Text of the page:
Kejriwal, a mechanical engineer by training and a former Indian Revenue Service official, started an NGO in 1999 called Parivartan, designed to provide tax assistance and other help to Delhi citizens.  But it was as an anti-corruption official that Kejriwal first caught fire in the national spotlight, and under the mentorship of Anna Hazare, worked to demand what would eventually become the Right to Information Act (RTI) in 2005, which required government bodies to reply to citizen requests for information within 30 days or face penalties, and which relaxes many previous exemptions from disclosure under the Official Secrets Act and other legislation.  RTI replaced the much weaker, toothless and exemption-ridden 2002 Freedom of Information Act.  

In 2011, Anna and Kejriwal succeeded in pushing the government to start the process for drafting a Jan Lokpal bill, an anti-corruption law that would create the Jan Lokpal, an independent citizen’s ombudsman commission that would have the ability to investigate corruption.  Though India’s parliament pushed through a Lokpal Bill in December 2013, it’s much weaker than the proposed Jan Lokpal Bill — for example, it doesn’t protect whistleblowers, it doesn’t provide for any real punitive actions or the ability to prosecute corrupt bureaucrats, and it doesn’t provide investigative independence to India’s Central Bureau of Investigation.  Kejriwal took the final leap into elective politics when he founded the AAP in November 2012 with the intention of contesting Delhi’s local elections.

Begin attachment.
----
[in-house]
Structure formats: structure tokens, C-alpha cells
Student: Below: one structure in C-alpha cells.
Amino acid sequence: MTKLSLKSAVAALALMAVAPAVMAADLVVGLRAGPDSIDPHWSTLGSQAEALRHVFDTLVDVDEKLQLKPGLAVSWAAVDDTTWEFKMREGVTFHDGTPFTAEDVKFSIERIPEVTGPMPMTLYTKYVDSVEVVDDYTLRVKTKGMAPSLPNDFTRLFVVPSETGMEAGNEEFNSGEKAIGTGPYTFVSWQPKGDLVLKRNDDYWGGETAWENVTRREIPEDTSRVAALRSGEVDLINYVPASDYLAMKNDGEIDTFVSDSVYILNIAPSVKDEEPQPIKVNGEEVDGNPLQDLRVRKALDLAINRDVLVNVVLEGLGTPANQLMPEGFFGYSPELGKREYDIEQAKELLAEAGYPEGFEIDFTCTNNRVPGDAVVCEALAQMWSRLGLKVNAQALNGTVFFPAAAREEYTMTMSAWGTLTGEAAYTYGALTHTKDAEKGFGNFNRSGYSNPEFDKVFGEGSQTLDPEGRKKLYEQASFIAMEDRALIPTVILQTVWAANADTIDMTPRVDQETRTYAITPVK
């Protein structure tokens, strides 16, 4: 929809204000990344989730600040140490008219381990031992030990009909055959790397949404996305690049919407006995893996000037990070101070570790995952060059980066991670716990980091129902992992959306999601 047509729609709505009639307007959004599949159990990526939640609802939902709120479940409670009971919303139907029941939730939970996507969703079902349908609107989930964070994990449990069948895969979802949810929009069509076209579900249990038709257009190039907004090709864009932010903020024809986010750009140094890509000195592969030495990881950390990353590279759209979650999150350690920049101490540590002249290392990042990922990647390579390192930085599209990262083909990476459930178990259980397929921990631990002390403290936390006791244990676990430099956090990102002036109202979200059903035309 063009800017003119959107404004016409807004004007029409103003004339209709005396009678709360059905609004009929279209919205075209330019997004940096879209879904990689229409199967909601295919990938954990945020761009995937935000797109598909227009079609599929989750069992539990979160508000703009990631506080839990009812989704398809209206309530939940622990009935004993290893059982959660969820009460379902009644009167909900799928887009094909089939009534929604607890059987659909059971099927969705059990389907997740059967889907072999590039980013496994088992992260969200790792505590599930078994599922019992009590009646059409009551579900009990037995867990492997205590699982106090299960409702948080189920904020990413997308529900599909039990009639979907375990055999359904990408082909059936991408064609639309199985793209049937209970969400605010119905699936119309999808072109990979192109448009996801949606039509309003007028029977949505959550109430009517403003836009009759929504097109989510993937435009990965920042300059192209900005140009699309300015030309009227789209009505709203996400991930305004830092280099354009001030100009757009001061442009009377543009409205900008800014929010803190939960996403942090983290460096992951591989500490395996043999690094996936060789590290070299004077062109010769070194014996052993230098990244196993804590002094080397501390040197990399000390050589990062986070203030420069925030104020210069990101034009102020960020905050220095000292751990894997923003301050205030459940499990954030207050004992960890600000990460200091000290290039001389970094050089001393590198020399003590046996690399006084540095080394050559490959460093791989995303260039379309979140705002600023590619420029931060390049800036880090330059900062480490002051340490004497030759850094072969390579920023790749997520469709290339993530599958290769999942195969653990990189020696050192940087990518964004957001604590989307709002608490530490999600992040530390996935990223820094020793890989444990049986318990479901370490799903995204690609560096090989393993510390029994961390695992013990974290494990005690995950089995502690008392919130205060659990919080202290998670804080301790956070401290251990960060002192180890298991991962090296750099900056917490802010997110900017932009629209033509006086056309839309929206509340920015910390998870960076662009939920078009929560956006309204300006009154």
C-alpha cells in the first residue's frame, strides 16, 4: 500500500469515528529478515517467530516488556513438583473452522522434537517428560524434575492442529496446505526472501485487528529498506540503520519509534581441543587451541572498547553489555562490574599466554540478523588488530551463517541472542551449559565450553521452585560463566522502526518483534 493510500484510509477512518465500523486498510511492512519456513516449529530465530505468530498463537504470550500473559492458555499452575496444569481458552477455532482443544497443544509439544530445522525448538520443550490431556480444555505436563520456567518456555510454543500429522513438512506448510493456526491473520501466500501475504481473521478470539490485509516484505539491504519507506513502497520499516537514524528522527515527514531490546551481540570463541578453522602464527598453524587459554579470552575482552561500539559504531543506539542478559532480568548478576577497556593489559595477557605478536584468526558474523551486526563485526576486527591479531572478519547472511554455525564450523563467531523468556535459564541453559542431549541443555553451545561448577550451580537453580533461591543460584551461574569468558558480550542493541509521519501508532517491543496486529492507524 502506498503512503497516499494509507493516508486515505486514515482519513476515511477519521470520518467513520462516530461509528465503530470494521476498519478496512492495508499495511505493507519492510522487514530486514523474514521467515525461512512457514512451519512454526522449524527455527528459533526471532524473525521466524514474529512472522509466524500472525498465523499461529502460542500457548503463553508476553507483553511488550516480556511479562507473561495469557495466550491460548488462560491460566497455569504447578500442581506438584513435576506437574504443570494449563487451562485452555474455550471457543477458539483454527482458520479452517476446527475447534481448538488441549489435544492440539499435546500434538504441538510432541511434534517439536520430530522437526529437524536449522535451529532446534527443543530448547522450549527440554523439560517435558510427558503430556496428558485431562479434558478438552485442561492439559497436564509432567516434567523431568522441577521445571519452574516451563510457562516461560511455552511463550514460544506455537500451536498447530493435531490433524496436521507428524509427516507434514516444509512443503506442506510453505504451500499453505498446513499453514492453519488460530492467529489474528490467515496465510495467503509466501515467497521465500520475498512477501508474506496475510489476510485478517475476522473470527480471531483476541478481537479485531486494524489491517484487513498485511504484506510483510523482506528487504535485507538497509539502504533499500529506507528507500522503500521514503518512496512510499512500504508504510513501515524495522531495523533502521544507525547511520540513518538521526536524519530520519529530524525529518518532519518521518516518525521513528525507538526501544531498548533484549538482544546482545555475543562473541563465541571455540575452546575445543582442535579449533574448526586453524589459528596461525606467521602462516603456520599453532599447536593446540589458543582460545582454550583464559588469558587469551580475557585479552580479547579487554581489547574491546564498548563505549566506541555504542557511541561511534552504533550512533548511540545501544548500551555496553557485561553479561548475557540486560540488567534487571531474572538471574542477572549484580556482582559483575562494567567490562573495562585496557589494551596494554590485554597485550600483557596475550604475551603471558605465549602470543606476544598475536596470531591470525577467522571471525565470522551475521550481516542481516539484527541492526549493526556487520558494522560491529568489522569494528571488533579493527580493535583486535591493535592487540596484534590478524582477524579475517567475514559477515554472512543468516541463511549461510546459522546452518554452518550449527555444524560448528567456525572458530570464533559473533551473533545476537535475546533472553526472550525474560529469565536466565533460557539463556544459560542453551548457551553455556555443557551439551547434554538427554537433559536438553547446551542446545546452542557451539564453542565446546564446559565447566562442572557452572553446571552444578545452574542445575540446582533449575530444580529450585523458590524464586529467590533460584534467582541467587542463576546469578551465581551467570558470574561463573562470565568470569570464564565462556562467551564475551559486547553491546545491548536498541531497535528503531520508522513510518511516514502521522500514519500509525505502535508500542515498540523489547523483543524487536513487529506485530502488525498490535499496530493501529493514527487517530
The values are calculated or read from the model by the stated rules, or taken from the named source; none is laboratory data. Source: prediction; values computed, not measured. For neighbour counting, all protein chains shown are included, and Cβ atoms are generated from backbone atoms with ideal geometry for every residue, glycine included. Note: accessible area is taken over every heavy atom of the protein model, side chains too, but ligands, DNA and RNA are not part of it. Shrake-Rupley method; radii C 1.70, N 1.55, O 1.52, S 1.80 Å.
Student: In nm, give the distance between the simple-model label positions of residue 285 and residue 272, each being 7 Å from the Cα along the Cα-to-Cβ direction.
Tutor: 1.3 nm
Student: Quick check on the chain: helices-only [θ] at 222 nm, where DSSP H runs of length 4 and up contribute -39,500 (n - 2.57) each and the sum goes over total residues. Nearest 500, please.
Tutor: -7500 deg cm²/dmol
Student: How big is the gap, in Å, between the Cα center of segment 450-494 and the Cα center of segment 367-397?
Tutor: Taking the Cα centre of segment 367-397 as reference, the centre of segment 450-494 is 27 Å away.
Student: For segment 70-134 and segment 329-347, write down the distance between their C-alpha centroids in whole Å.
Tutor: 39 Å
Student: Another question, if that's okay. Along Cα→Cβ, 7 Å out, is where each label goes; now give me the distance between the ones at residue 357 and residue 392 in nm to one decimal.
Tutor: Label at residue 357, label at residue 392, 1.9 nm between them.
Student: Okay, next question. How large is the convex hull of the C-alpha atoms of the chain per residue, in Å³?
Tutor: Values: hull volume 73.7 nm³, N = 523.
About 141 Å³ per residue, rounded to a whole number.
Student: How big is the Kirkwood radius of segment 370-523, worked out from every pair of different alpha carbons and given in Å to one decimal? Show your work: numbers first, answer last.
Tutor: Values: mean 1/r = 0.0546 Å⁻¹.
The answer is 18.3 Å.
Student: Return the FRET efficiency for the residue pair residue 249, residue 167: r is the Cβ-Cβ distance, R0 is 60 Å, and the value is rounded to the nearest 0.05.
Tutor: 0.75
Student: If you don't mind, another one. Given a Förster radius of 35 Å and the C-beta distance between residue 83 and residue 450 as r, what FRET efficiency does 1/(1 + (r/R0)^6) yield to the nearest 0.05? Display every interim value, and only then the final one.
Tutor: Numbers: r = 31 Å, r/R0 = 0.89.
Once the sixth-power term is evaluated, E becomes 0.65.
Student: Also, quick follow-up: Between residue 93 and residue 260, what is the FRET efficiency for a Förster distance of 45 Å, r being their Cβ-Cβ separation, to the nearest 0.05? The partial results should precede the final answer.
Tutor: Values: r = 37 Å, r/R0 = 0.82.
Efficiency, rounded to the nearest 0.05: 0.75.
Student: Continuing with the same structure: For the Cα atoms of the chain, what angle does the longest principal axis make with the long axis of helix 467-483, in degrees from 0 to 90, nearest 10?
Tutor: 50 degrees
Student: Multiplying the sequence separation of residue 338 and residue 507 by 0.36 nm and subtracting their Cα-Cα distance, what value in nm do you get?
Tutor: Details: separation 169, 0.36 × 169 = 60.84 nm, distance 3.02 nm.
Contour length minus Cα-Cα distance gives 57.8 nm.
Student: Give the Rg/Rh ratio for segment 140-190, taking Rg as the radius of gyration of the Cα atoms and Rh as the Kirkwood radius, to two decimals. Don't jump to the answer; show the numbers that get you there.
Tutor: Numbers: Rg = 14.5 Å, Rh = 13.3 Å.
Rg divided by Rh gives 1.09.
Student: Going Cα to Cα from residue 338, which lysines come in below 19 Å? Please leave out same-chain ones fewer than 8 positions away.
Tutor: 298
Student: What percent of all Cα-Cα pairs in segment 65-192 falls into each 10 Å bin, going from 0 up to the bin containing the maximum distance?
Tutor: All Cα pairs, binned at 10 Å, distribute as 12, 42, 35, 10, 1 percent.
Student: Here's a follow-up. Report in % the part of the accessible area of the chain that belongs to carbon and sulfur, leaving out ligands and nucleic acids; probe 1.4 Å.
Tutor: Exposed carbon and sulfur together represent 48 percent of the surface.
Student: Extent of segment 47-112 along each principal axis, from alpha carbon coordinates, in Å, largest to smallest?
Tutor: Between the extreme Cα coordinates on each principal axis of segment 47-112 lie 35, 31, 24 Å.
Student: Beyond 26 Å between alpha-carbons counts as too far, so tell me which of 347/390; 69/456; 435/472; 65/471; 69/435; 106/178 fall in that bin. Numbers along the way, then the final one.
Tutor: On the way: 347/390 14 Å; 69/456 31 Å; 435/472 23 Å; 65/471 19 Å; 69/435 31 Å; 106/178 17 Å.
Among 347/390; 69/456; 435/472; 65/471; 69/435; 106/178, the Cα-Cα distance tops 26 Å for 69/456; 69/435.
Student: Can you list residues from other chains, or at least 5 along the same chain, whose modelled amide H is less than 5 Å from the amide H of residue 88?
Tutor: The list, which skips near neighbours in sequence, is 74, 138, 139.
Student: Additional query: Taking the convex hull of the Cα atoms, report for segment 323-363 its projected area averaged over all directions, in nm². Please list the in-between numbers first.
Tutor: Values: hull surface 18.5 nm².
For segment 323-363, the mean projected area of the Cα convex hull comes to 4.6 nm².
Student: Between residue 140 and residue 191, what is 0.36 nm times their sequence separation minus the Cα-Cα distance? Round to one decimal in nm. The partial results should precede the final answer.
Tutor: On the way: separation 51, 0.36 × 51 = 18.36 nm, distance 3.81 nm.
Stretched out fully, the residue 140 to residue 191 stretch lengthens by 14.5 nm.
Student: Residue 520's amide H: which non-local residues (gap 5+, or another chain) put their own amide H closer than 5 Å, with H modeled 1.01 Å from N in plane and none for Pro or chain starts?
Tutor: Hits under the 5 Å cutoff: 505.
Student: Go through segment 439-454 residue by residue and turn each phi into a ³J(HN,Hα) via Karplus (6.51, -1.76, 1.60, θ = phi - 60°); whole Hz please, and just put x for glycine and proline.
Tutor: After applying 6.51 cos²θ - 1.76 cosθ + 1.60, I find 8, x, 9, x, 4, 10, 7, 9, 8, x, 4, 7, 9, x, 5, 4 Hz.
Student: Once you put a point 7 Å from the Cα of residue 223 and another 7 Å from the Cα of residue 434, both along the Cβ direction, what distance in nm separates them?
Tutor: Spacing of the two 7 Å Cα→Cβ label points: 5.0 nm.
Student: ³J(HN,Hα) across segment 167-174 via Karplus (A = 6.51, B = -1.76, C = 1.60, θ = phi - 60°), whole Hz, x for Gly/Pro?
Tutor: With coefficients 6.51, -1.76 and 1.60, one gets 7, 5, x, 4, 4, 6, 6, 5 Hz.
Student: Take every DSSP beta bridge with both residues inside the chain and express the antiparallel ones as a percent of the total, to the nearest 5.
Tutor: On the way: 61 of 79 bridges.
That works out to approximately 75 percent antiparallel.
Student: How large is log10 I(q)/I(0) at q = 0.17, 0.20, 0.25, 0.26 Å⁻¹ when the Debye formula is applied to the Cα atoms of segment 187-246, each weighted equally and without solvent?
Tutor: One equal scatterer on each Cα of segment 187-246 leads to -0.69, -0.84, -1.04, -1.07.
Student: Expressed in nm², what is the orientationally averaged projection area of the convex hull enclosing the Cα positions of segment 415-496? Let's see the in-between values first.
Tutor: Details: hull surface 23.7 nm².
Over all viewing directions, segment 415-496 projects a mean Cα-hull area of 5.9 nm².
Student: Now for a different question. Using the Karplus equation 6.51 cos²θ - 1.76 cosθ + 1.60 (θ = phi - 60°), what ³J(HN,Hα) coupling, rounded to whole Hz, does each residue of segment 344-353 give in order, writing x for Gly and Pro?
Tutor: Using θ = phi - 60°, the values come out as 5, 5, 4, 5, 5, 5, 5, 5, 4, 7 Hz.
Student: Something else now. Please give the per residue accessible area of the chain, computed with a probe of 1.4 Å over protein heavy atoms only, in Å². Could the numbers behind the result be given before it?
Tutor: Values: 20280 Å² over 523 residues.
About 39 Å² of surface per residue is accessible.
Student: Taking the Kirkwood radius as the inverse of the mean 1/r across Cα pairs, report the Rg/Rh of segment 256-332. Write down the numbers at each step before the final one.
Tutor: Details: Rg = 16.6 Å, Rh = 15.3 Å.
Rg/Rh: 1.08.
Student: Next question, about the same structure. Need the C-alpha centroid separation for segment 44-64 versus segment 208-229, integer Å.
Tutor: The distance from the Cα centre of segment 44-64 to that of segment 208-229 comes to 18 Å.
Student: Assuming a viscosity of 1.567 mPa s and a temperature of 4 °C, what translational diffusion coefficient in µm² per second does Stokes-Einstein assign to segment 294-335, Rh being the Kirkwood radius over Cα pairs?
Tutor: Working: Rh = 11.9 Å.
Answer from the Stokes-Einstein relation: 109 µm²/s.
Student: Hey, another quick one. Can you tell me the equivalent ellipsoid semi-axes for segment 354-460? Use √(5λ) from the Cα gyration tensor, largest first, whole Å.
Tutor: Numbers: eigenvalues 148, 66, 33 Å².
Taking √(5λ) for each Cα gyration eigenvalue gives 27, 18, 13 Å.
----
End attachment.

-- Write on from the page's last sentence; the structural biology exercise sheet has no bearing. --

Having now swept to power in Delhi (literally on the image of a broom ‘sweeping’ corruption away), Kejriwal wasted no time in announcing a 50% cut in power rates and free water to Delhi residents within hours of taking power.  He’s already working to implement the AAP’s anti-corruption agenda with the anti-graft hotline, and he’s pledged to introduce a Jan Lokpal bill specifically for Delhi soon.AAP broom

There’s good reason for Kejriwal to be in a hurry — with the AAP’s momentum spreading from Delhi to other parts of India, it could be in a position to make a splash in national politics with the upcoming elections for the Lok Sabha (लोक सभा), the lower house of India’s parliament, which are due before May 31.  That gives Kejriwal some time to lay the foundation for what the AAP might be able to accomplish on a grander scale, a down payment on what a national anti-corruption party could enact.

After a decade of rule under Singh’s Congress-led governments, Indian voters are weary with Congress .  Its prime minister-in-waiting Rahul Gandhi seems unexciting and disinterested.  Indians are displeased with Congress’s reform record and the state of India’s precarious economy.  Meanwhile, the AAP has highlighted a growing disenchantment over bureaucratic corruption.

Though Modi, the decade-long chief minister of Gujarat state, promises to lead a BJP government that will bring Gujarat’s high economic growth rates to the entire country, there are doubts both about the extent to which Modi’s ‘Gujarati model’ is responsible for his state’s growth and how (and whether) such a ‘Gujarati model’ could even be translated to a much more diverse national economy.  Moreover, the 2002 anti-Muslim riots in Gujarat continue to blemish Modi’s record.  Though he recently spoke out for the first time disclaiming any role in the violence, the riots, which resulted in the death of over 1,000 Muslims, will continue to haunt Modi’s campaign and the notion that he can be a trustworthy prime minister for India’s religious minorities.

So what damage might Kejriwal inflict on the status quo? Plenty.  Continue reading Meet Arvind Kejriwal, the rising anti-corruption star of Indian politics